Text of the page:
From a static function, you cannot access the object's properties. You must pass every bit of data to the function, and the function returns a result.
Changing state, that is to say, modifying variables directly, is one of the main sources of bugs in computer programming. You've certainly experienced bugs where you had just forgotten to set a boolean back to true, or you had changed the character's speed in some other script and forgot to reset it. Static functions prevent that.
In this case, I wouldn't recommend to use a static function necessarily, as it can get a bit inconvenient to write, but I would still encourage everyone to calculate and return a new value without modifying any variable, and to group assignments to variables in _physics_process. When you follow this kind of guideline, you reduce the space in which bugs can appear. It makes it relatively easy to find and to solve bugs.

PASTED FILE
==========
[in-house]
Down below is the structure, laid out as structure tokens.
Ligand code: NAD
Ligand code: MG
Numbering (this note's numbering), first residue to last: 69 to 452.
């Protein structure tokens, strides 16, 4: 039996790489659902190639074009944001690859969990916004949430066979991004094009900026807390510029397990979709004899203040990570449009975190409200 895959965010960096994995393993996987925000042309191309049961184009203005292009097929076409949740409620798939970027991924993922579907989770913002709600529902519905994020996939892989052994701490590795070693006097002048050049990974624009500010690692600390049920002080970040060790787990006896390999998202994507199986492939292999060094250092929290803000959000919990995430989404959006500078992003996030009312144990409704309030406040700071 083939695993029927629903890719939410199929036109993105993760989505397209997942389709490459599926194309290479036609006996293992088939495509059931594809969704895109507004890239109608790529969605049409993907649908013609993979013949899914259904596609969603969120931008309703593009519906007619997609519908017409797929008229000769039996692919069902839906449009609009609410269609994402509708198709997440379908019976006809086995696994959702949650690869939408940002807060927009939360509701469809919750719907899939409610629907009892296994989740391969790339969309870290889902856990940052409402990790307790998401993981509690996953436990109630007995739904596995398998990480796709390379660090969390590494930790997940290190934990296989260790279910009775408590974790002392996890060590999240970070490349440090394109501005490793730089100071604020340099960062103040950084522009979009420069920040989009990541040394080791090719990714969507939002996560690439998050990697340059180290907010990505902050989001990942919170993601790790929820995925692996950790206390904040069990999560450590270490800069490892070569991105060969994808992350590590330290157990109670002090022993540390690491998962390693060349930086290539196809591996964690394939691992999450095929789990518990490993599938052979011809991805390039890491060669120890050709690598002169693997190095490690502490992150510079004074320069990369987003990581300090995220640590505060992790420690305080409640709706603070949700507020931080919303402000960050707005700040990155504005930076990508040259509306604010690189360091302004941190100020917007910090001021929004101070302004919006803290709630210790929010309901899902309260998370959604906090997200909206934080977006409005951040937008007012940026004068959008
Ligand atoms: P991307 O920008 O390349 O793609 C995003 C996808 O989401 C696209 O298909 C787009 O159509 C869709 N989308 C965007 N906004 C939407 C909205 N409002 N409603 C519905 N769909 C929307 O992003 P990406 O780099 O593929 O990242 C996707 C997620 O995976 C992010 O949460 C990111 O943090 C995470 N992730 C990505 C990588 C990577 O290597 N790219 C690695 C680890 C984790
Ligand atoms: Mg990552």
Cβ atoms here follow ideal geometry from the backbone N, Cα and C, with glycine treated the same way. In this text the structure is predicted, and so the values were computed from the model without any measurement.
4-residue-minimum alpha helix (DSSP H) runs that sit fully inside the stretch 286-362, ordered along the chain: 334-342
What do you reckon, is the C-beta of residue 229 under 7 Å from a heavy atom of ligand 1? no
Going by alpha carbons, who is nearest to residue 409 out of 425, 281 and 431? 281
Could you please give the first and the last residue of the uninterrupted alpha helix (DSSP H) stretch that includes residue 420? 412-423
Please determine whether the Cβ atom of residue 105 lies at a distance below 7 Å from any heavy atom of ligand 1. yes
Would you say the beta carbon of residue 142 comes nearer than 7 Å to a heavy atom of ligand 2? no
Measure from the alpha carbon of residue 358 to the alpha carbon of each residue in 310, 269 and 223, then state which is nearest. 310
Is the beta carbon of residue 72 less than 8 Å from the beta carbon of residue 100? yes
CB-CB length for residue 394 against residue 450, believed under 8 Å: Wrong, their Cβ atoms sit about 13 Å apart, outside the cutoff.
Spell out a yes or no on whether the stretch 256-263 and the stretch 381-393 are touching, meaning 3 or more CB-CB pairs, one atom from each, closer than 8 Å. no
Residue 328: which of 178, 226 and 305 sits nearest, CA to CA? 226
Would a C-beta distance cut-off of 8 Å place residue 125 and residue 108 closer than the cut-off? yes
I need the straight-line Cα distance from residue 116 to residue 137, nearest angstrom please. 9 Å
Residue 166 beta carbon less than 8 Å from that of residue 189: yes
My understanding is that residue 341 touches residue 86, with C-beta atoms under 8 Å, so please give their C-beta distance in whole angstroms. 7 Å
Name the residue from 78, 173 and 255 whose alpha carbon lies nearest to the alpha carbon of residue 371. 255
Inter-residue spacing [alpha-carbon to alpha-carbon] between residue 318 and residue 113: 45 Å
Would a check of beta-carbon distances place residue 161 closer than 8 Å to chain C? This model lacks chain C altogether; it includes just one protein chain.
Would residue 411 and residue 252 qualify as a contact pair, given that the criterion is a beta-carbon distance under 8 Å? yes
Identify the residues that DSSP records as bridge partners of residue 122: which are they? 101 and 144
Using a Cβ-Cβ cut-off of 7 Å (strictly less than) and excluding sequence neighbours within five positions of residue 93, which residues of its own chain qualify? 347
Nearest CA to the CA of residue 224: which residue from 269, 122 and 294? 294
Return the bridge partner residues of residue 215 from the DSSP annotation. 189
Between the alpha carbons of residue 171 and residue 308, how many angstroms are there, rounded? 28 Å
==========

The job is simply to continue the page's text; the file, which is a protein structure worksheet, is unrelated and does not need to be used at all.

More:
You would typically want to use static functions in utility libraries, for example if you created a class just for drawing helpers, calculating geometric shapes, etc.
Thank you, that makes sense :)